Bids Rejected for Sanitary Sewer, Water Main, Storm Sewer, Concrete Curb and Gutter, Asphalt Pavement, Site Grading, Street Lights and Incidentals Improvement District No. BN-18-F1: Project to be Rebid:
The Board received a communication from Division Engineer Thomas Knakmuhs stating bids for Sanitary Sewer, Water Main, Storm Sewer, Concrete Curb and Gutter, Asphalt Pavement, Site Grading, Street Lights and Incidentals Improvement District No. BN-18-F1 in the City of Fargo, North Dakota, were opened at 11:30 a.m., July 11, 2018 and the low bid exceeded the engineer’s estimate by 18.9%. He said staff believes more favorable bids would be received if the project is rebid with a revised completion date in 2019 rather than 2018.

Commissioner Gehrig moved the bids for Sanitary Sewer, Water Main, Storm Sewer, Concrete Curb and Gutter, Asphalt Pavement, Site Grading, Street Lights and Incidentals Improvement District No. BN-18-F1 be rejected and the project be rebid later in 2018.

Second by Grindberg. On call of the roll Commissioners Gehrig, Grindberg, Piepkorn, Strand and Mahoney voted aye.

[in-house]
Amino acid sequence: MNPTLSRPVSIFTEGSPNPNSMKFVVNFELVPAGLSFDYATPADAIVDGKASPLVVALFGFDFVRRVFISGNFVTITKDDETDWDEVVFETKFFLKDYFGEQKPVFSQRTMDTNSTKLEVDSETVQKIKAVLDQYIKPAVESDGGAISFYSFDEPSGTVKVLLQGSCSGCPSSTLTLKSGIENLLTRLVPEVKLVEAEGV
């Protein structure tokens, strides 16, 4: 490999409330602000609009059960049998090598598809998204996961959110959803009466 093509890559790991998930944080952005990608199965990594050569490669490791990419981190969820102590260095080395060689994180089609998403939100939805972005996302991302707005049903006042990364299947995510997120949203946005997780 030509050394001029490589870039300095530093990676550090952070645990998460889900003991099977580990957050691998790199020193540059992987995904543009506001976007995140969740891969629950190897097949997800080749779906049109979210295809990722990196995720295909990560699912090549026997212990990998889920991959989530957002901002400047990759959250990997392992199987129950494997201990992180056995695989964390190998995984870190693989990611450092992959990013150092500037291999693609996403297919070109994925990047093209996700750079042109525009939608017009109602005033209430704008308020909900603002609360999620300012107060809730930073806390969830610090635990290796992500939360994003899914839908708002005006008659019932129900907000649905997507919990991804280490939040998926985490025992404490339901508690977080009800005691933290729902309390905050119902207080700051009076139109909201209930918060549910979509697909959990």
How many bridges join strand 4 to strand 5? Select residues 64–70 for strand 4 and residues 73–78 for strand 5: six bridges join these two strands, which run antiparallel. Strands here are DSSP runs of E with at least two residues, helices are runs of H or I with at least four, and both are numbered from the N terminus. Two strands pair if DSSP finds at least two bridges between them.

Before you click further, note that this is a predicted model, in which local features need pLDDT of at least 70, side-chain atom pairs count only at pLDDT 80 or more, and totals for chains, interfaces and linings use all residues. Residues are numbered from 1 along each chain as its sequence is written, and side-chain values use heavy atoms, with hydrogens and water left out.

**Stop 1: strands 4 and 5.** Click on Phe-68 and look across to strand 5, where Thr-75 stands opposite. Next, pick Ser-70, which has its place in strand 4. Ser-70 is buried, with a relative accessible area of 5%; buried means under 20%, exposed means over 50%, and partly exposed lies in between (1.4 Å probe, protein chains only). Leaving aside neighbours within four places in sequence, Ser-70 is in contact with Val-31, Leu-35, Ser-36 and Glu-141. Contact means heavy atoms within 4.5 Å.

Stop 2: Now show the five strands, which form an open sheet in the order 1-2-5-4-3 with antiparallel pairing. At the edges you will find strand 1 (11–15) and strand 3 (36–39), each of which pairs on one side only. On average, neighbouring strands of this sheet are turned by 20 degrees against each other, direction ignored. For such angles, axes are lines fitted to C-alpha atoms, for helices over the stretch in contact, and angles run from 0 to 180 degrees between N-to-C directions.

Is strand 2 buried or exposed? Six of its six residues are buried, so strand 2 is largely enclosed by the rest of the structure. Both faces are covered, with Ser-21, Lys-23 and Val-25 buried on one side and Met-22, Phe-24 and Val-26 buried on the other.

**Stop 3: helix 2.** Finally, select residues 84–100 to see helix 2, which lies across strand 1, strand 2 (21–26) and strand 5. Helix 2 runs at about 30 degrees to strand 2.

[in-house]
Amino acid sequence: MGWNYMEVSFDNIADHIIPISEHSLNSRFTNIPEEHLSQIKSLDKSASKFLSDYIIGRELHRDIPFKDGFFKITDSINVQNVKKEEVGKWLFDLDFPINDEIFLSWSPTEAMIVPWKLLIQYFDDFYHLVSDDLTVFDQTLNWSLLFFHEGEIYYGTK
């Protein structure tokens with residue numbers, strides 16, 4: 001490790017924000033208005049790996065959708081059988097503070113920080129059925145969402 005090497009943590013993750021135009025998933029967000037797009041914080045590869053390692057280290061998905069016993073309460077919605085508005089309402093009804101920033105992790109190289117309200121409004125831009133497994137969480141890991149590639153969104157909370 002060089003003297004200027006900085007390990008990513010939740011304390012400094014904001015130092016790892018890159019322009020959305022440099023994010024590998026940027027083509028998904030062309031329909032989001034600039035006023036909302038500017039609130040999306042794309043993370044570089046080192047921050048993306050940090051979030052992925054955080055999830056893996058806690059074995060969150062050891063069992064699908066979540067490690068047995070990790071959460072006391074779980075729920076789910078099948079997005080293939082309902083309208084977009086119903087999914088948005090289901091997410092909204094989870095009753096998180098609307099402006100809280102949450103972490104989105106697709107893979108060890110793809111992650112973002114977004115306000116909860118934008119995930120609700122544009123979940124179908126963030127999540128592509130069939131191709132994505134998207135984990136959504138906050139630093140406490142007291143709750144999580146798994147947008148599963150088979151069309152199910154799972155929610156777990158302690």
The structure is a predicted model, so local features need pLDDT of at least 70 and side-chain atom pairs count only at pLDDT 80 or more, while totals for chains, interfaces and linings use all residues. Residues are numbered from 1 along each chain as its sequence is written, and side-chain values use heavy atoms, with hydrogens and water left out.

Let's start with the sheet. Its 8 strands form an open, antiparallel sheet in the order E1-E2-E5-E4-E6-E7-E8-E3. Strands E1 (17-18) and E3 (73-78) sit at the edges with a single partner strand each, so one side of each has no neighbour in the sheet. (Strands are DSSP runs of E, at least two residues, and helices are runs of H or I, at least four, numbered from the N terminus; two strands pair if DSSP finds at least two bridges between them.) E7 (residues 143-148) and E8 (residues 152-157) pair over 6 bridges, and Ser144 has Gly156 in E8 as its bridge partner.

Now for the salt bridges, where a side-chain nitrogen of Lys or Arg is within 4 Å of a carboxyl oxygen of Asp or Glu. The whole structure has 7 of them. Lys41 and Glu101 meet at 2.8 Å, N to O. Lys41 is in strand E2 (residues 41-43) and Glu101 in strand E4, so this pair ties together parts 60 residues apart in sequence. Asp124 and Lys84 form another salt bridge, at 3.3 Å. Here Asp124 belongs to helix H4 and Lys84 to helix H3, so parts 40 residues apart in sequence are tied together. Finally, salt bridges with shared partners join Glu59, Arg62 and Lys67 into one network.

No Commissioner being absent and none voting nay, the motion was declared carried.

No Protests Received for Storm Sewer, P.C. Concrete Paving, Street Lights and Incidentals Improvement District No. BN-18-K1:
The Statutory Resolution of Necessity for the construction of Storm Sewer, P.C. Concrete Paving, Street Lights and Incidentals Improvement District
No. BN-18-K1 in the City of Fargo, North Dakota, was duly published in the official newspaper for the City of Fargo, North Dakota on June 25 and July 2, 2018 and no protests have been filed in the office of the City Auditor within the legal protest period.

Commissioner Gehrig moved that the Board declare that no protests have been filed to the construction of Storm Sewer, P.C. Concrete Paving, Street Lights and Incidentals Improvement District No. BN-18-K1.

Second by Grindberg. On call of the roll Commissioners Gehrig, Grindberg, Piepkorn, Strand and Mahoney voted aye.
No Commissioner being absent and none voting nay, the motion was declared carried.

Bids Received for Storm Sewer, P.C. Concrete Paving, Street Lights and Incidentals Improvement District No. BN-18-K1: